This application is a continuation application of U.S. Ser. No. 11/740,829 filed Apr. 26, 2007, now abandoned, the contents of which are incorporated by reference herein in their entirety.

FIELD OF THE INVENTION

The present invention relates to a data storage device and particularly to a data storage device such as a thermomechanical probe storage device. The present invention also extends to a method of producing such a data storage device.

BACKGROUND OF THE INVENTION

A data storage device based on the atomic force microscope (AFM) is disclosed in “The millipede—more than 1,000 tips for future AFM data storage” by P. Vettiger et al., IBM Journal Research Development, Vol. 44, No. 3, March 2000. The storage device has a read and write function based on a mechanical x-, y-scanning of a storage medium with an array of probes each having a tip. The probes operate in parallel with each probe scanning, during operation, an associated field of the storage medium. The storage medium comprises a polymethylmethacrylate (PMMA) layer. The tips, which each have a diameter of between 5 nm to 40 nm, are moved across the surface of the polymer layer in a contact mode. The contact mode is achieved by applying forces to the probes so that the tips of the probes can touch the surface of the polymer layer. For this purpose, the probes comprise cantilevers, which carry the tips on their end sections. Bits are represented by indentation marks, each encoding a logical “1”, or non-indentation marks, each encoding a logical “0”, in the polymer layer. The cantilevers respond to these topographic changes while they are moved across the surface of the polymer layer during operation of the device in read/write mode.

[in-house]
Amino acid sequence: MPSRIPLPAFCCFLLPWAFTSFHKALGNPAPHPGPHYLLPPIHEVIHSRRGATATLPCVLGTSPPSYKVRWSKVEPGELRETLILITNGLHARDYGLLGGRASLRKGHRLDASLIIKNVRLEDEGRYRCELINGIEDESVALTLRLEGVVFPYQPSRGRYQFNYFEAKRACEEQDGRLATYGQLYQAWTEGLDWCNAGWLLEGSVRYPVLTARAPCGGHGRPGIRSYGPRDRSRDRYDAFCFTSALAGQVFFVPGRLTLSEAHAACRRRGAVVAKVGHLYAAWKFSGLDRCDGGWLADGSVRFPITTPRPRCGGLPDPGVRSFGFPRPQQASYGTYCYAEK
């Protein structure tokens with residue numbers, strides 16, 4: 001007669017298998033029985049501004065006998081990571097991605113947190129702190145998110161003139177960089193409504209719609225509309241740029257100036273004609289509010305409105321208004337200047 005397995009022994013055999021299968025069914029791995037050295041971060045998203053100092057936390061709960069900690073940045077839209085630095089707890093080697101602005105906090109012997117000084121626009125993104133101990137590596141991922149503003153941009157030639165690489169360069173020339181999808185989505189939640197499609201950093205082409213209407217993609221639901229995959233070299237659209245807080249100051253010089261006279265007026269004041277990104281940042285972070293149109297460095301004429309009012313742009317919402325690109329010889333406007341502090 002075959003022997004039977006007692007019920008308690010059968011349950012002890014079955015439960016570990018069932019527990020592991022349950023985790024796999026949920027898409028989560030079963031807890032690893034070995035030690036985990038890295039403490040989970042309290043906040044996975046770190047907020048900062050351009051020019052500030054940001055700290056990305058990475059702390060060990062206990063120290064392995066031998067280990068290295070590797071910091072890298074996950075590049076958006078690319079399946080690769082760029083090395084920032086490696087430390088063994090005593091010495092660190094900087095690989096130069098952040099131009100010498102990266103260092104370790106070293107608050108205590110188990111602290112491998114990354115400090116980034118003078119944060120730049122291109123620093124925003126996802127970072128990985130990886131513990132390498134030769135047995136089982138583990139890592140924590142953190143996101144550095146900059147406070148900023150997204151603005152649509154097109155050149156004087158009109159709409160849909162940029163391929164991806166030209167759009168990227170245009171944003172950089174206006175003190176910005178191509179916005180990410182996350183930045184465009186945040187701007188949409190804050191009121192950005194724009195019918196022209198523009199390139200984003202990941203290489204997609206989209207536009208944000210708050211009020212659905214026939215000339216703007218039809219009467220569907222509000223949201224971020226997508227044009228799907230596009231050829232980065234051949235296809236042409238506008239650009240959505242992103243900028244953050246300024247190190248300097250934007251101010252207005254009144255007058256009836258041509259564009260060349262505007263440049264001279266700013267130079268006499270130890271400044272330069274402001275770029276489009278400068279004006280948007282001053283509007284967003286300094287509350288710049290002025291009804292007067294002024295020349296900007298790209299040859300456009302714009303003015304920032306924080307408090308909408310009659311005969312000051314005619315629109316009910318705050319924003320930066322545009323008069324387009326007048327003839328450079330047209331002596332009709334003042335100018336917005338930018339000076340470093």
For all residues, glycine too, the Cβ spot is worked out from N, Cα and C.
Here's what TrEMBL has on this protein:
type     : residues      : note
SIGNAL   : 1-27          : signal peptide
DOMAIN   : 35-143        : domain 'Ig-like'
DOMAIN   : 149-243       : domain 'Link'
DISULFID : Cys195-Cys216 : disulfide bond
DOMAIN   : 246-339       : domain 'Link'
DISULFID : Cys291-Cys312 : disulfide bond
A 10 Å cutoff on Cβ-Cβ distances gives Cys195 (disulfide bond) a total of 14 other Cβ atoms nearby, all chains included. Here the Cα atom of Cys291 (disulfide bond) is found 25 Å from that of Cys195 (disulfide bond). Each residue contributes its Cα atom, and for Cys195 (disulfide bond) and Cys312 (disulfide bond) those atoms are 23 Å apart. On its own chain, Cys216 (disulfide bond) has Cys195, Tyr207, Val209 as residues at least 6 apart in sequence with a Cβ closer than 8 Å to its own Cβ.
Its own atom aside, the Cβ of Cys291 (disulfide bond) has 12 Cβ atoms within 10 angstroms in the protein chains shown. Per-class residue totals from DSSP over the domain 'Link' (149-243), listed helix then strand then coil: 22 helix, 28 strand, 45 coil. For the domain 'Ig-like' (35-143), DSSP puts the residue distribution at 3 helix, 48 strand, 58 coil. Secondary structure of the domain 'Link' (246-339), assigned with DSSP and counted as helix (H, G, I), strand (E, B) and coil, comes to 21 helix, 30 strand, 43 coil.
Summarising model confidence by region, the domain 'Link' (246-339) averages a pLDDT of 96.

Indentation marks are formed on the polymer layer by thermomechanical recording. This is achieved by heating the tip of a respective probe operated in contact mode with respect to the polymer layer. Heating of the tip is achieved via a heater dedicated to the writing/formation of the indentation marks. The polymer layer softens locally where it is contacted by the heated tip. The result is an indentation mark, for example, having a nanoscale diameter comparable to the diameter of the tip that is used in its formation, being produced on the layer.